In everyday conversation we often speak of a sharp sound, a sour smell, a sweet spot, a flat color, or a loud shirt. While some of these expressions may be only metaphoric, often they indicate synesthesia that is below awareness, or on the edge of what we usually notice in our internal experience. For instance, when I hear music or voices, I always have a visual experience of abstract transparent 3-D shapes moving from left to right. Like any other skill, it has advantages and drawbacks. I have always preferred simpler melodies or small ensembles, because it is easier to visualize a smaller number of sounds. When there are too many sounds, as with a large orchestra or a big band, my images become cluttered, tangled and unpleasant. I also have trouble understanding conversations in noisy rooms, and if I’m looking for an address in unfamiliar territory, I need to turn the car radio off or I begin to have symptoms of ADHD.
To summarize, the widely accepted meaning of synesthesia is to experience two or more sensory perceptions simultaneously in the same location in space. This is an enrichment of experience that is generally useful, and only very rarely a problem.
In Robert Dilts’ Encyclopedia of NLP the entry titled Synesthesia states:
“Sometimes various sensations become connected and overlapped so completely that it is not possible to easily distinguish one from the other in a causal relationship. Feeling deeply moved by a piece of music would be an example of this. The feeling cannot really be distinguished or separated from the sound of the music. The same could be said for the sense of fear or pleasure that people experience when they see certain types of images.”
These “hear-feel” or “see-feel” causal linkages were called “fuzzy functions” in the early days of NLP. They are very important to us — sometimes problematic; sometimes very useful — but they are radically different from the previous definition of synesthesia in several ways:
This distinction between tactile and evaluative feelings is clearest when we have an evaluative feeling in response to a tactile feeling. If you are enjoying a loving touch, you experience both tactile feelings in the skin and underlying tissue (pressure, temperature, etc.) and also your emotional experience of enjoyment along the midline. But if someone unwelcome touched you in exactly the same way, you would have a very different emotional response to the same set of tactile sensations.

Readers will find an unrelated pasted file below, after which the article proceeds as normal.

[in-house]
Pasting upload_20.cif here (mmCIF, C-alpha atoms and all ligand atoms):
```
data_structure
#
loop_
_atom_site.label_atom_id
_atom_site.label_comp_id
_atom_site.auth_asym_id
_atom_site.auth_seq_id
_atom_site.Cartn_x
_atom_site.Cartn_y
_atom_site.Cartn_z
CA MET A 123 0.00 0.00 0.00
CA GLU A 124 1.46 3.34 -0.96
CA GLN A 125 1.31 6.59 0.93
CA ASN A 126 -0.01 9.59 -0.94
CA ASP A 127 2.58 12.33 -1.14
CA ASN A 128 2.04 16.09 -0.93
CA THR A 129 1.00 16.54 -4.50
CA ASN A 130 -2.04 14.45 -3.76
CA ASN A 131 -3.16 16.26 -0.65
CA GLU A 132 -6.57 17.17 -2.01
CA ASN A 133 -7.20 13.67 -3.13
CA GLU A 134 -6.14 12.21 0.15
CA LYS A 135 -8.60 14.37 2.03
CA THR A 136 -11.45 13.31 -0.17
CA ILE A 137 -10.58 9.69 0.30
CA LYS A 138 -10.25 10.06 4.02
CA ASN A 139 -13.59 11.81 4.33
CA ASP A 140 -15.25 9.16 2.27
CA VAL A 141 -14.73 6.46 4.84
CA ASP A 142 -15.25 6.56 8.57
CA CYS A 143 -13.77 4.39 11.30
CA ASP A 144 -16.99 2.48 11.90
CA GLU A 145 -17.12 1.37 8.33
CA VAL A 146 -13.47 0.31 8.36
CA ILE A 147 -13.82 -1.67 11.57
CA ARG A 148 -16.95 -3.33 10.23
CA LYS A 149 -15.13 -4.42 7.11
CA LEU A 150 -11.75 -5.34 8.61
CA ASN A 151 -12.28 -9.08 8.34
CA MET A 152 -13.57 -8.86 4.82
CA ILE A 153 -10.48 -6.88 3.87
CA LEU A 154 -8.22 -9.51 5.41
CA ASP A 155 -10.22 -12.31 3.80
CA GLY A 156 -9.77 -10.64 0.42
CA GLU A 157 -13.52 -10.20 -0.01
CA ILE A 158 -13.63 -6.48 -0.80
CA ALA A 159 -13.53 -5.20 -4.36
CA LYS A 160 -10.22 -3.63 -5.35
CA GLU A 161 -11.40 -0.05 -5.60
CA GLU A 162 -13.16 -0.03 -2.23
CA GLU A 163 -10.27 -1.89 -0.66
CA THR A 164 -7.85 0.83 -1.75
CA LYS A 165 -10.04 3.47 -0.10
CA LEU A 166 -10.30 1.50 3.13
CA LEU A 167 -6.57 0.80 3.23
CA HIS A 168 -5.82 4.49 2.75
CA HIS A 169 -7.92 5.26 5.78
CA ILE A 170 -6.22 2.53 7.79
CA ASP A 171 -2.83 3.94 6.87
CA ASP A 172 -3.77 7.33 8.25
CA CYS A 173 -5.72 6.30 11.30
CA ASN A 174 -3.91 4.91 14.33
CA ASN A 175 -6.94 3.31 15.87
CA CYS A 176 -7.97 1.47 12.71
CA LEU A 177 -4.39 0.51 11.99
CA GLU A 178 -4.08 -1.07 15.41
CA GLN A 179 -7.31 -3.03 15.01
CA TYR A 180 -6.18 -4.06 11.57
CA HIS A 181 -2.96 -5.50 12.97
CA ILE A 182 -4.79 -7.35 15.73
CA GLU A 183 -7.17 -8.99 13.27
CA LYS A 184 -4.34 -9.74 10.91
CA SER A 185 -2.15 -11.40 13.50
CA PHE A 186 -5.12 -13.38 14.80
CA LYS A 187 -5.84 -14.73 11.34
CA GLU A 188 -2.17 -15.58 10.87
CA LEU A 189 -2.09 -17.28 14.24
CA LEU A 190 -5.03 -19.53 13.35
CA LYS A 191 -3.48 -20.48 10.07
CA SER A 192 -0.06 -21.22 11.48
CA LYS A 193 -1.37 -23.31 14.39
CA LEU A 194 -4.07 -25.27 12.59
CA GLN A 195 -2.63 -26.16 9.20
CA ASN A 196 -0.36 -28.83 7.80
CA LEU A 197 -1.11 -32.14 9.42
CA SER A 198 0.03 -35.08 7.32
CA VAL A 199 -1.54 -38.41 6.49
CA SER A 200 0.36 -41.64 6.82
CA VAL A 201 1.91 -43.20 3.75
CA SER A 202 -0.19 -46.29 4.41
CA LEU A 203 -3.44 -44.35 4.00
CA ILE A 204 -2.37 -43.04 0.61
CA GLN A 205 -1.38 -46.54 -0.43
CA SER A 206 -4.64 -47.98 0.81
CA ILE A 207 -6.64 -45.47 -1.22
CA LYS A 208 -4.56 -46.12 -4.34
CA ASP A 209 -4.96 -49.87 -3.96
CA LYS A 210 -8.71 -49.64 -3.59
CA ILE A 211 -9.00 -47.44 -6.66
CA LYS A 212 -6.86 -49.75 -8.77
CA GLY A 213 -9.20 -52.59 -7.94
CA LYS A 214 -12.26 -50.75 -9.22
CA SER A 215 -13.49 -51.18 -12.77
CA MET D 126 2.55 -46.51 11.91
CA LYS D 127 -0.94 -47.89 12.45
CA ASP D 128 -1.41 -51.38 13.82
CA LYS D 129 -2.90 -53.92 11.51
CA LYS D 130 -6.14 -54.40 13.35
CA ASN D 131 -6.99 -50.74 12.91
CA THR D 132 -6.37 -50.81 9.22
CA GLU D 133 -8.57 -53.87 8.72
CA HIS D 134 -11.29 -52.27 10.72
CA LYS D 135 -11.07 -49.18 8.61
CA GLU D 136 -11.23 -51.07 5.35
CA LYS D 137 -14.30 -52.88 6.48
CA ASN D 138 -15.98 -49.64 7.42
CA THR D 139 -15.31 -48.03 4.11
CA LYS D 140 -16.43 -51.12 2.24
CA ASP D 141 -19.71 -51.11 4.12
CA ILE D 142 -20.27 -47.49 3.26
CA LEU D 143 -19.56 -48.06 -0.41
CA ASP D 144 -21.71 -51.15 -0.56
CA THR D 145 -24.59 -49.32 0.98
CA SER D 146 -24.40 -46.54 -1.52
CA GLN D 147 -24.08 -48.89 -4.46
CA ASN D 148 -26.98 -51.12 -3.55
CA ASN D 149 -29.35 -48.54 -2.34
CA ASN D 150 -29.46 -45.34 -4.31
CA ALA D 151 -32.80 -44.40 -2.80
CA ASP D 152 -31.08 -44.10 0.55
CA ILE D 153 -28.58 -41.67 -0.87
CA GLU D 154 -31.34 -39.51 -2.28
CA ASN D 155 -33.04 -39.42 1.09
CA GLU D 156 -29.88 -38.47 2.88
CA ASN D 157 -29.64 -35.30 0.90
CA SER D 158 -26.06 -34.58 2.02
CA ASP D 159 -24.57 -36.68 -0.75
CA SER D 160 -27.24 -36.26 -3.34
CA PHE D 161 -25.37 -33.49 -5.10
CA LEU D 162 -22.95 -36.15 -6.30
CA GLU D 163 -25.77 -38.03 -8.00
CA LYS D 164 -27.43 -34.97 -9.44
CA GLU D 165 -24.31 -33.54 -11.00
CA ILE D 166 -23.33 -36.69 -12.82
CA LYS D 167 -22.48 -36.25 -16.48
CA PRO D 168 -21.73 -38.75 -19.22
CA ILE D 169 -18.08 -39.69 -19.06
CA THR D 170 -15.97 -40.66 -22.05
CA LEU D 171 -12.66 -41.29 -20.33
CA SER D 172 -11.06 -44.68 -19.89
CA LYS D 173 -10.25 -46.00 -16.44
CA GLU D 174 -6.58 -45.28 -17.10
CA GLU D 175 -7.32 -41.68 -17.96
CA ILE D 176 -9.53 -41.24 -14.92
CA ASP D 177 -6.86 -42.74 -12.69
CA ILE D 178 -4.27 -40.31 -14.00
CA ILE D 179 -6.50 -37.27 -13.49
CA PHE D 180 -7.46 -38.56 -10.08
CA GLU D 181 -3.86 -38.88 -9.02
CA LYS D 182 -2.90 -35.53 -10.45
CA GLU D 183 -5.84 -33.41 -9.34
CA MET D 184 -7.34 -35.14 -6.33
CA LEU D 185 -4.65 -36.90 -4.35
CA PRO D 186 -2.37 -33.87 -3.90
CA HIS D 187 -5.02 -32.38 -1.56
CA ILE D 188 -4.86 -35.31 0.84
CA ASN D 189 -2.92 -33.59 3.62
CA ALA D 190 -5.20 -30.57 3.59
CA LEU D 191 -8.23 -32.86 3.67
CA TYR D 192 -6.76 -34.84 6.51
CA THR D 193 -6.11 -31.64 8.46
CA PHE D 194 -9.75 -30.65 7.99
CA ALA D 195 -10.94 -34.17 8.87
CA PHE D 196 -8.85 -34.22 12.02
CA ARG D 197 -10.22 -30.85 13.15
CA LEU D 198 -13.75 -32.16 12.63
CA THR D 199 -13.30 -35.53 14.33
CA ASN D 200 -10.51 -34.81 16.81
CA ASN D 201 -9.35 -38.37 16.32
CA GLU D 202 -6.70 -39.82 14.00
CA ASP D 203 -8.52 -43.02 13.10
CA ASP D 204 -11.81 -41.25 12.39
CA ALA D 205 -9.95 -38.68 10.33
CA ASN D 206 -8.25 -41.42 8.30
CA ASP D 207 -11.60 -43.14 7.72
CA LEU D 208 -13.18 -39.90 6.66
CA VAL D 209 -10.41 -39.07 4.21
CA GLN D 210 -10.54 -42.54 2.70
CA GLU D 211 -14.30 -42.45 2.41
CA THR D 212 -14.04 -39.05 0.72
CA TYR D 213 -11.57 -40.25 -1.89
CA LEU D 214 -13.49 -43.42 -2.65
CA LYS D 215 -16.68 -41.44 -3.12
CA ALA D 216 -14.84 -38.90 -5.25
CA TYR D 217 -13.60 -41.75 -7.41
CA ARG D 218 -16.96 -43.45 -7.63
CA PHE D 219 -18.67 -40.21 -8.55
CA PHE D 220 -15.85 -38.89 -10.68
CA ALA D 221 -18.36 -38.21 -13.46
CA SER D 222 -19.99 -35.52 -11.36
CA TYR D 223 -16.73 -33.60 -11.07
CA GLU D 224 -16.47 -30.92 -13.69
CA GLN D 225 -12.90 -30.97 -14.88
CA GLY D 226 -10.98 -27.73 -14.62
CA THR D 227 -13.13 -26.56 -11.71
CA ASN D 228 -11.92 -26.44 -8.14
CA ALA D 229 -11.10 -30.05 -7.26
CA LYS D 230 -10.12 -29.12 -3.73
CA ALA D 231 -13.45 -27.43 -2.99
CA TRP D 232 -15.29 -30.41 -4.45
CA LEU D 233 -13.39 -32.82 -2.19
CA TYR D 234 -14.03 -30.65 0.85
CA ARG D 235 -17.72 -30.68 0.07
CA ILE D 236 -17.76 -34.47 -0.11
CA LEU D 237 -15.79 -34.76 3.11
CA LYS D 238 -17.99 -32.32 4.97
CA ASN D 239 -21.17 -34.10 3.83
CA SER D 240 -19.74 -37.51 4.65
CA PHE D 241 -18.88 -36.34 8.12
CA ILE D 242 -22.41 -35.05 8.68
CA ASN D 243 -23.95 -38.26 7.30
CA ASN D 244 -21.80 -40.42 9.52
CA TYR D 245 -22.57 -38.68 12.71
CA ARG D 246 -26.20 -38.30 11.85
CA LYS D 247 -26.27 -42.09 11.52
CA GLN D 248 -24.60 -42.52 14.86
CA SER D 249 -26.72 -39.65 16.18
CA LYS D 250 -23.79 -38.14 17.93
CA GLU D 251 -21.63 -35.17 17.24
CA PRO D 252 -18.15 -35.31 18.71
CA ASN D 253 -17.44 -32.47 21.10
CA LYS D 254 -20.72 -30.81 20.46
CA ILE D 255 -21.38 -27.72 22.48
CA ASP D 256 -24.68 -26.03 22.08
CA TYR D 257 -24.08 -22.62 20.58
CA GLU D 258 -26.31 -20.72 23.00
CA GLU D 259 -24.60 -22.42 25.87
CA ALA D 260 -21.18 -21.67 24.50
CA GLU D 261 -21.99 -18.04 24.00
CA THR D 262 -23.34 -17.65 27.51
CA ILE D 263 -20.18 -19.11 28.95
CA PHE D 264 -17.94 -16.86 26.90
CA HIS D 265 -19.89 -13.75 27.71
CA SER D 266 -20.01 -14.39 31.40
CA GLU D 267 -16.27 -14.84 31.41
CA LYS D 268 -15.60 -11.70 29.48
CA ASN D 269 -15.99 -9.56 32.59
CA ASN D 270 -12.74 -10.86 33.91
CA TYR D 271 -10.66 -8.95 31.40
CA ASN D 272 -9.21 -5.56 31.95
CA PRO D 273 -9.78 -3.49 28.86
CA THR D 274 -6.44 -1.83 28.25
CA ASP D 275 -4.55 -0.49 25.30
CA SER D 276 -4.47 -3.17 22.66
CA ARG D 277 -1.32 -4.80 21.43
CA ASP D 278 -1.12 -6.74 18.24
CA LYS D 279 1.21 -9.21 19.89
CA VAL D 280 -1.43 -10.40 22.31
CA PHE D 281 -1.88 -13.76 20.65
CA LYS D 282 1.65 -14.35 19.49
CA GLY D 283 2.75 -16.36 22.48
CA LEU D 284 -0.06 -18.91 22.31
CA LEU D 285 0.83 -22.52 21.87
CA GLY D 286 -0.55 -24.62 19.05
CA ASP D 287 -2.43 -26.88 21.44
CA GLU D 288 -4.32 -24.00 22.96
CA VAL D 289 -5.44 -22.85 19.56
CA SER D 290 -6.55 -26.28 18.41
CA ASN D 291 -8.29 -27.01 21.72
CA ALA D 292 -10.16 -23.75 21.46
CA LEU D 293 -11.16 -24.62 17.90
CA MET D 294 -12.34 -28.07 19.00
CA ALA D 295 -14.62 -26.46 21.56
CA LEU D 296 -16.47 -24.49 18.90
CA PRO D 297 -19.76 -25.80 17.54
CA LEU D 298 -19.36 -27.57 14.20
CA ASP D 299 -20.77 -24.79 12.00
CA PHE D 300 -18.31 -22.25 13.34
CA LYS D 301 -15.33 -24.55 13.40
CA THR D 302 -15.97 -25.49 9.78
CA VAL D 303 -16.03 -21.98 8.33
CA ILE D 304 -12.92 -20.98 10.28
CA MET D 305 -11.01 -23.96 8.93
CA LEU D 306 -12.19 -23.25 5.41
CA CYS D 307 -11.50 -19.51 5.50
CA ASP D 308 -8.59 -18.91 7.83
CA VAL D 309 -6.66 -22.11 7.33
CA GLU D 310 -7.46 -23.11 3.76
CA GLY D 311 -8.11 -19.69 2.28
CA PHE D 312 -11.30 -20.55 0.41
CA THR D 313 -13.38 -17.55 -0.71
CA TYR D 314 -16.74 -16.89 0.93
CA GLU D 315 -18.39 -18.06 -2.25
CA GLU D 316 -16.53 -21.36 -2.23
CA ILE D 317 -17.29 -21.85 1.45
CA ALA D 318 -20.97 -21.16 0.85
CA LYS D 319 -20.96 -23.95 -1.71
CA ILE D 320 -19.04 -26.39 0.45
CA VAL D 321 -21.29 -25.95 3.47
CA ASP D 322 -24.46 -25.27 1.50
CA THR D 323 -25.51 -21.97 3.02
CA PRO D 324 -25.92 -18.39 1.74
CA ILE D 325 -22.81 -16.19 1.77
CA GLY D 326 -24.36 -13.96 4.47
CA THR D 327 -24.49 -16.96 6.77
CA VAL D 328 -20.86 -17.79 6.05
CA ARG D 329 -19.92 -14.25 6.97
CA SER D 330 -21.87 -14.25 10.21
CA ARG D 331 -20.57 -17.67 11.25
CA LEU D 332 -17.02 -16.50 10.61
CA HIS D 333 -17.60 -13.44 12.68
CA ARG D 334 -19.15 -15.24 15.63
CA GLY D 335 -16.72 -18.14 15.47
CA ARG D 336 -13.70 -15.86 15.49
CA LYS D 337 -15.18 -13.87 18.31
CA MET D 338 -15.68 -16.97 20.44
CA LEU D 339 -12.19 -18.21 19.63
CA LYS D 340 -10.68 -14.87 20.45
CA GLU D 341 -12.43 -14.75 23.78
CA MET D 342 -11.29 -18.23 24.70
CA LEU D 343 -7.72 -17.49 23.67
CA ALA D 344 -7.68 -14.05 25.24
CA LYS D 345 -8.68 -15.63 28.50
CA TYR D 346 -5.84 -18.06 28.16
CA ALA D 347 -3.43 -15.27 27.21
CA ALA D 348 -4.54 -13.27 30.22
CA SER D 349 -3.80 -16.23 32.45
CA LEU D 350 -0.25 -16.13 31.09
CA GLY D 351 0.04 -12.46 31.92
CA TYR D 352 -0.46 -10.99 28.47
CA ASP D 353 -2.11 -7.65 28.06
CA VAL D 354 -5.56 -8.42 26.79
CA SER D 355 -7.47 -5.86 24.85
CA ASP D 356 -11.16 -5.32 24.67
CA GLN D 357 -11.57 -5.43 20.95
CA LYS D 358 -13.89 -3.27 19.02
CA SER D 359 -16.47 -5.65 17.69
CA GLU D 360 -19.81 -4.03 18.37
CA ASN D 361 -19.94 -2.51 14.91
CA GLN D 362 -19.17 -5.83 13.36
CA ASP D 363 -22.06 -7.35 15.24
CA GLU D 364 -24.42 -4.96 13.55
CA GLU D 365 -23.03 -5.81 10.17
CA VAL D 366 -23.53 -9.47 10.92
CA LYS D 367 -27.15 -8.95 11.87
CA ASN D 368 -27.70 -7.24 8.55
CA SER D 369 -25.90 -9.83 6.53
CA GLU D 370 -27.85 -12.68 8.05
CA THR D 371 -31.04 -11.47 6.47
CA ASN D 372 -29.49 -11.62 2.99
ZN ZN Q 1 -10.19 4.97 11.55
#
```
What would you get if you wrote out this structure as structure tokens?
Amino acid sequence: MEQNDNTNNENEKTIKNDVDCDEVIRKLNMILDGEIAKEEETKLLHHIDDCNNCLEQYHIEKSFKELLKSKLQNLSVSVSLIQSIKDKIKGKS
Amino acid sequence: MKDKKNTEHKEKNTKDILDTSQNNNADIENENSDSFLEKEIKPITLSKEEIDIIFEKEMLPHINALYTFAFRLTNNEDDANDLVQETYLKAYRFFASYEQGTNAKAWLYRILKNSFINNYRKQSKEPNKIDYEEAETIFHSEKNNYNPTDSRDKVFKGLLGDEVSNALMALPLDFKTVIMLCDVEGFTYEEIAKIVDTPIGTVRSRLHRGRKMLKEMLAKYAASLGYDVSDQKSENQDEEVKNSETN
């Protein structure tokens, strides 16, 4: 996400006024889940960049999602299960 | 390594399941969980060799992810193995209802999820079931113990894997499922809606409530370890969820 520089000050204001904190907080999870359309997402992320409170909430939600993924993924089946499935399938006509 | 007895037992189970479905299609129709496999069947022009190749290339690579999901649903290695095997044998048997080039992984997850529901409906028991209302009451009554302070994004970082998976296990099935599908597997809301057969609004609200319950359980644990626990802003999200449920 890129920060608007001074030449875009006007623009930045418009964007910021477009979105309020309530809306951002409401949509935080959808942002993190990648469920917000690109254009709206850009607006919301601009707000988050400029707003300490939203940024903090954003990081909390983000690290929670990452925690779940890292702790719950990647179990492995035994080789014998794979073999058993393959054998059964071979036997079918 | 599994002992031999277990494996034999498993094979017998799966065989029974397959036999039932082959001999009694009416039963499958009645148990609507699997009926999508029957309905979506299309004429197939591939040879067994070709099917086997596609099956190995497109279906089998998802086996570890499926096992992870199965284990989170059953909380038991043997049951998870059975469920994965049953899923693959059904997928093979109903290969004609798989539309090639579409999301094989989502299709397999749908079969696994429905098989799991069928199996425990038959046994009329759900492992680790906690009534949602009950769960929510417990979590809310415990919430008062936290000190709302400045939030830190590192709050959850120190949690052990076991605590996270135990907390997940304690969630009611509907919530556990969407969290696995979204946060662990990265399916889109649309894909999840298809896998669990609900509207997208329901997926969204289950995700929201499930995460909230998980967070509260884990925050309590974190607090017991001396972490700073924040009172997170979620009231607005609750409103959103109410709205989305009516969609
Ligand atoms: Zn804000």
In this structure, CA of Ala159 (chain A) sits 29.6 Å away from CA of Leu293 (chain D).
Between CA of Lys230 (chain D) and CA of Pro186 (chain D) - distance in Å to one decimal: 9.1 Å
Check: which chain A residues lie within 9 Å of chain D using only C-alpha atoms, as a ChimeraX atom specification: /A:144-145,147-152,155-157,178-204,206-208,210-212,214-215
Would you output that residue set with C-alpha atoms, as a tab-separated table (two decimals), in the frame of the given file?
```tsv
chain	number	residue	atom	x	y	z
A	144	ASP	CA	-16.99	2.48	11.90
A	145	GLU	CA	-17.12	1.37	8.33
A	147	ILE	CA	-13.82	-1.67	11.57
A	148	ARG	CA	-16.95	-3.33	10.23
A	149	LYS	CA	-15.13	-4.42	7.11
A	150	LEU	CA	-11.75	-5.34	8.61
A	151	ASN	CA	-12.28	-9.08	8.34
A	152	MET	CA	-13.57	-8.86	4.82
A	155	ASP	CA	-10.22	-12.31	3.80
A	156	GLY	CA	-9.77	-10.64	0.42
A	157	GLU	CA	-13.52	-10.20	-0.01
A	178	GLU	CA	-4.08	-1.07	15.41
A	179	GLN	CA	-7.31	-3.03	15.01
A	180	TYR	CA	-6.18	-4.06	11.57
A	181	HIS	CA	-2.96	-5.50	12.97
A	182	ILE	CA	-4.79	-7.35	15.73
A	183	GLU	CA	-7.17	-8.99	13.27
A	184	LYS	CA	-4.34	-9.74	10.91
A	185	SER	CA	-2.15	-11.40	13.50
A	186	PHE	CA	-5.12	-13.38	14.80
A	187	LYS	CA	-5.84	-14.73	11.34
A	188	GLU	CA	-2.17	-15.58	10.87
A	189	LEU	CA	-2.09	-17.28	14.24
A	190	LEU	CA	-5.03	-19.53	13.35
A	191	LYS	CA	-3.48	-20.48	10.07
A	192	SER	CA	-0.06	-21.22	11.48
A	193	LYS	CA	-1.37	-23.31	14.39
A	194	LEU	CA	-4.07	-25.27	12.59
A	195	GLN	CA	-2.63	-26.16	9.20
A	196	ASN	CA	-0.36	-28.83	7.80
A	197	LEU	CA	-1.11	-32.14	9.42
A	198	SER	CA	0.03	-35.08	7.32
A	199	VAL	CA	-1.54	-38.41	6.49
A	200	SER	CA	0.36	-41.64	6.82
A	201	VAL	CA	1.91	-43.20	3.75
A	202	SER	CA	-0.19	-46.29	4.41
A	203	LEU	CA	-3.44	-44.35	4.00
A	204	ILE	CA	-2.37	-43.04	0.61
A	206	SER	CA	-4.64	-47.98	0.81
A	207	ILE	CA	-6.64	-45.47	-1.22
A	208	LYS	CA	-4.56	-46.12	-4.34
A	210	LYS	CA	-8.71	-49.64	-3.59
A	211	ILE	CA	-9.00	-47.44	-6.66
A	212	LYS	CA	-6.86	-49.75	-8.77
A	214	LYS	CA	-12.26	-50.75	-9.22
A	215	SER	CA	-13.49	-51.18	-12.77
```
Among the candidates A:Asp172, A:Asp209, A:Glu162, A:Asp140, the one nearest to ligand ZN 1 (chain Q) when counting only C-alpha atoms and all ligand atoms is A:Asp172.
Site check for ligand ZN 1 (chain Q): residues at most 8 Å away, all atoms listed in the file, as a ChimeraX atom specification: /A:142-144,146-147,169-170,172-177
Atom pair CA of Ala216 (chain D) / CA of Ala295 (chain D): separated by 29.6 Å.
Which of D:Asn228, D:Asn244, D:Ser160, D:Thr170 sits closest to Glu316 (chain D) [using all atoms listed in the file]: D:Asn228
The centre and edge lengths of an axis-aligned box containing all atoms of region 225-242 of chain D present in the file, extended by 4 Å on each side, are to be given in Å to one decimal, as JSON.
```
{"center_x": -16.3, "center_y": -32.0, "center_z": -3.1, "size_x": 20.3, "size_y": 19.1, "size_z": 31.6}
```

These three differences point out how very different this second definition of synesthesia is from the more widely accepted one. When a NLPer says that a client has a “synesthesia,” they are almost always using this second meaning of the word. They are also usually talking about a synesthesia that a client complains about because the resulting feeling is unpleasant, or has problematic consequences.
Since any ambiguity can lead to confusion, it’s always useful to be very clear what a word means, especially when the wider world has a different meaning for it. One way to avoid the ambiguity of the word “synesthesia” is to simply not use it at all, which is what Connirae and I have done for many years. Most clients who seek personal change do so because of unpleasant evaluative feelings. Since usually they have little or no awareness of how those feelings are generated by mostly unconscious visual images, auditory sounds, tactile feelings — and/or less often, smell or taste — we don’t find any advantage in using a special word for it. Furthermore the word “synesthesia” is a nominalization that turns a process into a noun, and tends to distract and obscure the specific sensory experience it refers to. Keeping in mind that the emotional feeling is in response to a perception or memory in one or more of the sensory modalities helps us focus on adjusting those in order to change the resulting feeling.
But before making any such adjustments, it’s important to think about the “problem” feeling in a wider context of space and time, to be sure that a change is “ecological.” A “bad” feeling of shame or guilt may be very useful in motivating us to make apologies or amends to repair a relationship that was damaged by something we did, or failed to do. If this positive function is not incorporated into any change, it will be very difficult to make any change, and it isn’t likely to last.
The flip side of this is that some “good” feelings lead to destructive consequences, such as overeating, drug use, or other compulsive behavior. In those cases it can be useful to make adjustments that result in “bad” feelings that are more useful in the larger context of space and time.